The point is: Seth lit the match on Sunday. It probably could have been just about anything. In an instant, I saw him as the enemy: man I didn’t know, kicking my dog, refusing to tell me his name or take off his sunglasses as I tried to ask him who he was and if he was bleeding.

My own anger and fear played out on the street in front of my house on Sunday while I was well aware of what was sweeping through the streets of our nation.

I’m not enjoying sharing this story with you, by the way. I don’t feel particularly proud of myself for raising my voice at Seth in the first place. 

“What do you wish you had done?” my therapist asked me.

“I dunno – something more Mother Teresa-ish” I told her.

She just laughed at me.


I didn’t go to the gathering at the Courthouse. Instead, I spent some time obsessing over why Seth hadn’t texted me to confirm he had received my front porch drop-off. 

I had not so much taken the gift over for Seth, as I had for me. I wanted to feel better about myself. I wanted some kind of absolution. Some affirmation from Seth that I was off the hook.

For me, going to the protest would have been like that, too. I was looking for something to make me feel better about being a white person and part of the problem. If I went, I could say I had gone, post some pictures on Instagram, participate in something tangible.

It’s not Seth’s responsibility to make me feel better. If I dislike something about my interaction with Seth, it’s my job to see it, acknowledge it and own it, and do better. It’s harder to do that, actually. To stick with my own discomfort and hard work.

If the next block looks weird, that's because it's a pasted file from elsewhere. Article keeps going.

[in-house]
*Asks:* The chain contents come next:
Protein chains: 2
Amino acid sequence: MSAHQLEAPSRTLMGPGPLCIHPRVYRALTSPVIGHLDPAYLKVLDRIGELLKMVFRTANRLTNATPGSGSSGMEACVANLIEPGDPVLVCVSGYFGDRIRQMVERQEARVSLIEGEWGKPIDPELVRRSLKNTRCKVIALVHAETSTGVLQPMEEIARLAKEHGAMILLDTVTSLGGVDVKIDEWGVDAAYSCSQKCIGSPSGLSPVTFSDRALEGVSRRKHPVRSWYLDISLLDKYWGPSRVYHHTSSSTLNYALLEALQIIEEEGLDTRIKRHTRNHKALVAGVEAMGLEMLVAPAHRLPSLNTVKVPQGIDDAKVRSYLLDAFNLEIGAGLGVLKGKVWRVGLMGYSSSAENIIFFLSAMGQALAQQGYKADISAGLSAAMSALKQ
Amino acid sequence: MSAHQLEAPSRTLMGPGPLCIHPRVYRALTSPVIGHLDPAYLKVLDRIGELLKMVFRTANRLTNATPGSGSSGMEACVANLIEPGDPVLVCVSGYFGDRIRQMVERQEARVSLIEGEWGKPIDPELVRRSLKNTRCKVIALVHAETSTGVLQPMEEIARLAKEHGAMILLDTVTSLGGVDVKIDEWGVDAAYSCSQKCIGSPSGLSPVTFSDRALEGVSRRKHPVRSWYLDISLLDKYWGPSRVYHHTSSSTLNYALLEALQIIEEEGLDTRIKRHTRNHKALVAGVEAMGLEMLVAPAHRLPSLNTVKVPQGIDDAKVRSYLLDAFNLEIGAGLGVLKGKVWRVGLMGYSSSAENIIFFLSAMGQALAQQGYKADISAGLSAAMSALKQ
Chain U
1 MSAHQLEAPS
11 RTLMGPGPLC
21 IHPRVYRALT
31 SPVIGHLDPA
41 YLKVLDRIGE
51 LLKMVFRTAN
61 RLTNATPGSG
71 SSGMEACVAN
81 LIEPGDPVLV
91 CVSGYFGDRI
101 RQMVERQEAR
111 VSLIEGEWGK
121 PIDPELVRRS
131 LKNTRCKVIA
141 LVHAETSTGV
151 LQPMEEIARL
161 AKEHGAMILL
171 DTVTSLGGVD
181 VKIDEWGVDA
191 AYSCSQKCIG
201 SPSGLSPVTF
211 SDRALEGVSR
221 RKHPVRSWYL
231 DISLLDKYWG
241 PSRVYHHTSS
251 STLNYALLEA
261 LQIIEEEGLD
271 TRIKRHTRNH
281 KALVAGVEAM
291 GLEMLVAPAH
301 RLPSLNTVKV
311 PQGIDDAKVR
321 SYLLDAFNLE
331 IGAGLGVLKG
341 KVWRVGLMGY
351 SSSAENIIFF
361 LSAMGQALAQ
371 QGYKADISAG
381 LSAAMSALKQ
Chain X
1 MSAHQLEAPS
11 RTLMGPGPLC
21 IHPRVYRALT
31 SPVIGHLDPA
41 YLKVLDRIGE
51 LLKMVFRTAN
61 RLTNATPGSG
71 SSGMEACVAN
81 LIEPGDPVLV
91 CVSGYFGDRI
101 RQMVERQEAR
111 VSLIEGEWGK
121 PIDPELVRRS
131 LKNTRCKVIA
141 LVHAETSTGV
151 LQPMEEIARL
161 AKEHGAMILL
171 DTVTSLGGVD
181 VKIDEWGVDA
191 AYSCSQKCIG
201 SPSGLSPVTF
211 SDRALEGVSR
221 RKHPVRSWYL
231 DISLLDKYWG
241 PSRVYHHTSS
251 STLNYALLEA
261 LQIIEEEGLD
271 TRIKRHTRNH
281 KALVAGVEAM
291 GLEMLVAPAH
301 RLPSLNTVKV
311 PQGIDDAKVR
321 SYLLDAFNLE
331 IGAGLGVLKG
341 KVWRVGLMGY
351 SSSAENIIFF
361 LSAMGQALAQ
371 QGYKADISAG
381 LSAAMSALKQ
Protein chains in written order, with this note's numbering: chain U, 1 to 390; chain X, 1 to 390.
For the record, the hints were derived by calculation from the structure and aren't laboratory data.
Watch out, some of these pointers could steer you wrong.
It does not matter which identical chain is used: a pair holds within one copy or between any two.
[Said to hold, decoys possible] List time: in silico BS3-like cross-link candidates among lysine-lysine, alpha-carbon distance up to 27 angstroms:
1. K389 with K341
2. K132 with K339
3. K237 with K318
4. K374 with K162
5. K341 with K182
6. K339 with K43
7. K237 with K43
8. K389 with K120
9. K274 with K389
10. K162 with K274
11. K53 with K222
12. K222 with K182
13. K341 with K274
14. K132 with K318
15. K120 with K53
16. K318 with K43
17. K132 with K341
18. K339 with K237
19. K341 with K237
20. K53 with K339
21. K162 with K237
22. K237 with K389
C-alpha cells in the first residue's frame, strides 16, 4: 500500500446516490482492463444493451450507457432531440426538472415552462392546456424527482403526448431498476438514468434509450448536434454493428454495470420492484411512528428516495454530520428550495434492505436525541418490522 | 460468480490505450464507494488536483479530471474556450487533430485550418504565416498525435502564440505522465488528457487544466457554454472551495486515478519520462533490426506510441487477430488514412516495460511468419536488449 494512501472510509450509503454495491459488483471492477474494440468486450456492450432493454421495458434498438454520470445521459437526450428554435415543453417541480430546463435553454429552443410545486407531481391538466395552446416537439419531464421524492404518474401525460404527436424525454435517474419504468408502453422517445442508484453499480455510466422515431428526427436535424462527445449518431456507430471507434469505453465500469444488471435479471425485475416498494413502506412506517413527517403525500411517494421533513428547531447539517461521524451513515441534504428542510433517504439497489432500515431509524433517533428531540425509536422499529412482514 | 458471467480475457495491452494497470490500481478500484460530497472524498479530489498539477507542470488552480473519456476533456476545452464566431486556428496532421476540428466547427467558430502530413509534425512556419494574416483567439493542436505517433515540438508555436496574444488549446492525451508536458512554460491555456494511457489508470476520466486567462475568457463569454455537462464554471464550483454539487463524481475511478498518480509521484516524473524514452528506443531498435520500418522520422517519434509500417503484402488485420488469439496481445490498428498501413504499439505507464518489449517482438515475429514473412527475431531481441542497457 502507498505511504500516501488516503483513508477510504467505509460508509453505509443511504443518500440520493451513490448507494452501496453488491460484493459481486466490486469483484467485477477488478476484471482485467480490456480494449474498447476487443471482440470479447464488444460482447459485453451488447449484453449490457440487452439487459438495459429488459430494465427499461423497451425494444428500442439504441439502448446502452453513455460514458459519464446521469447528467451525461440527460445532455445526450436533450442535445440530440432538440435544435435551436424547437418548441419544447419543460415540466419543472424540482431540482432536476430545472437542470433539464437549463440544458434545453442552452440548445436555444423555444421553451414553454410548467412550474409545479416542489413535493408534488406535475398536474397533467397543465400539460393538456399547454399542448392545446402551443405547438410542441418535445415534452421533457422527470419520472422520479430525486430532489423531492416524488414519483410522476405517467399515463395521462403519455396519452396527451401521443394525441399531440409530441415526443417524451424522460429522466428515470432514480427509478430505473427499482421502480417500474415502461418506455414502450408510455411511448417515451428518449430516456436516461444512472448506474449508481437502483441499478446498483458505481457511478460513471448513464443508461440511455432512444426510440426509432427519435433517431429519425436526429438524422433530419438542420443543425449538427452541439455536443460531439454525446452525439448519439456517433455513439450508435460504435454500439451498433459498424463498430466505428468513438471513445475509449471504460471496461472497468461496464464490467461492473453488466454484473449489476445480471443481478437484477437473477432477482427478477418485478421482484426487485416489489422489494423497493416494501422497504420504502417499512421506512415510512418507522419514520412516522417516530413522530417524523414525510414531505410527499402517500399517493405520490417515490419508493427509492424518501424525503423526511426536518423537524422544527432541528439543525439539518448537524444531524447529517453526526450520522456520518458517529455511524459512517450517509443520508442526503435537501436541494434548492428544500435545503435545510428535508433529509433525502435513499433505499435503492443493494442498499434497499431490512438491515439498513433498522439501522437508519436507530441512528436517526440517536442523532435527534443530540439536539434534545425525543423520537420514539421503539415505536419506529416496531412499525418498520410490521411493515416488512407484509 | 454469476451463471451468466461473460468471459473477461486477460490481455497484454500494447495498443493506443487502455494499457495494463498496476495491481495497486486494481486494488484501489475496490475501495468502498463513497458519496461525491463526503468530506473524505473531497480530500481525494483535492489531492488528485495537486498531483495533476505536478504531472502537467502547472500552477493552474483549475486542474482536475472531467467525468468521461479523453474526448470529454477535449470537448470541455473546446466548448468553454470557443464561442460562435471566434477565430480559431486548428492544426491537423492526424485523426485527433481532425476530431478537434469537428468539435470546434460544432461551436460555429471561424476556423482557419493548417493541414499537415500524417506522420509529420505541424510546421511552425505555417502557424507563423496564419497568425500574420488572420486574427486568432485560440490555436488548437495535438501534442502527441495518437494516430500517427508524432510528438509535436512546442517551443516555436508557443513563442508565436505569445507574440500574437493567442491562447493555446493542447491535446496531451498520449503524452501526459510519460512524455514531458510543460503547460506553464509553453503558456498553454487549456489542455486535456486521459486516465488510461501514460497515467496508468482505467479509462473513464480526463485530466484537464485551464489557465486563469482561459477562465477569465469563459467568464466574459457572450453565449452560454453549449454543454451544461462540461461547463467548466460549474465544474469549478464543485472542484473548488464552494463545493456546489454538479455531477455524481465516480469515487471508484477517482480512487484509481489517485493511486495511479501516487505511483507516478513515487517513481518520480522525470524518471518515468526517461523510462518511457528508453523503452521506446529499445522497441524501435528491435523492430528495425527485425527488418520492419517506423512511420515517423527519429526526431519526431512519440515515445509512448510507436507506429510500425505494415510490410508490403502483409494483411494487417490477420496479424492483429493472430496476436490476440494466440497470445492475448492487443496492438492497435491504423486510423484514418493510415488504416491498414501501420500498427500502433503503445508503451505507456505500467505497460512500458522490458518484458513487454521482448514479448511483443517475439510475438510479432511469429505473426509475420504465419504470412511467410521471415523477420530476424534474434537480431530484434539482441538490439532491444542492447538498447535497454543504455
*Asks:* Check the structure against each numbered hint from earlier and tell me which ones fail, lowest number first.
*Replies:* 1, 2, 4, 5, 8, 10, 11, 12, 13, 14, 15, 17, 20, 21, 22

To be honest, it was harder to follow Seth around the block, too. To stay present to the discomfort of those moments and stay in it enough to be able to see some of the trauma he had re-experienced in that interaction with me. That was more than I thought I had signed up for on Sunday morning. 

It is not pleasant to be held accountable to the pain we have caused another. By what we have done or left undone, the prayer goes. By intentionality, complicity, or complacency. 

This week, I’m being quiet. I’m not going to text Seth to see how he is. It’s not his job to assuage my guilt. 

And I’m going to listen to black voices this week, too. I’m resisting looking for easy action to feel a little bit better about myself and instead, invest in sitting with what’s inside me and the story of my people –  one that needs repentance and reconciliation. 

I’m going to stick with it, even when it feels too hard or too awkward. I’m going to let whatever’s beneath the surface to float to the top. Because it needs to see the light of day, of transformation.

I’m curious, Walter, what you think, as you reflect on what is just under the surface?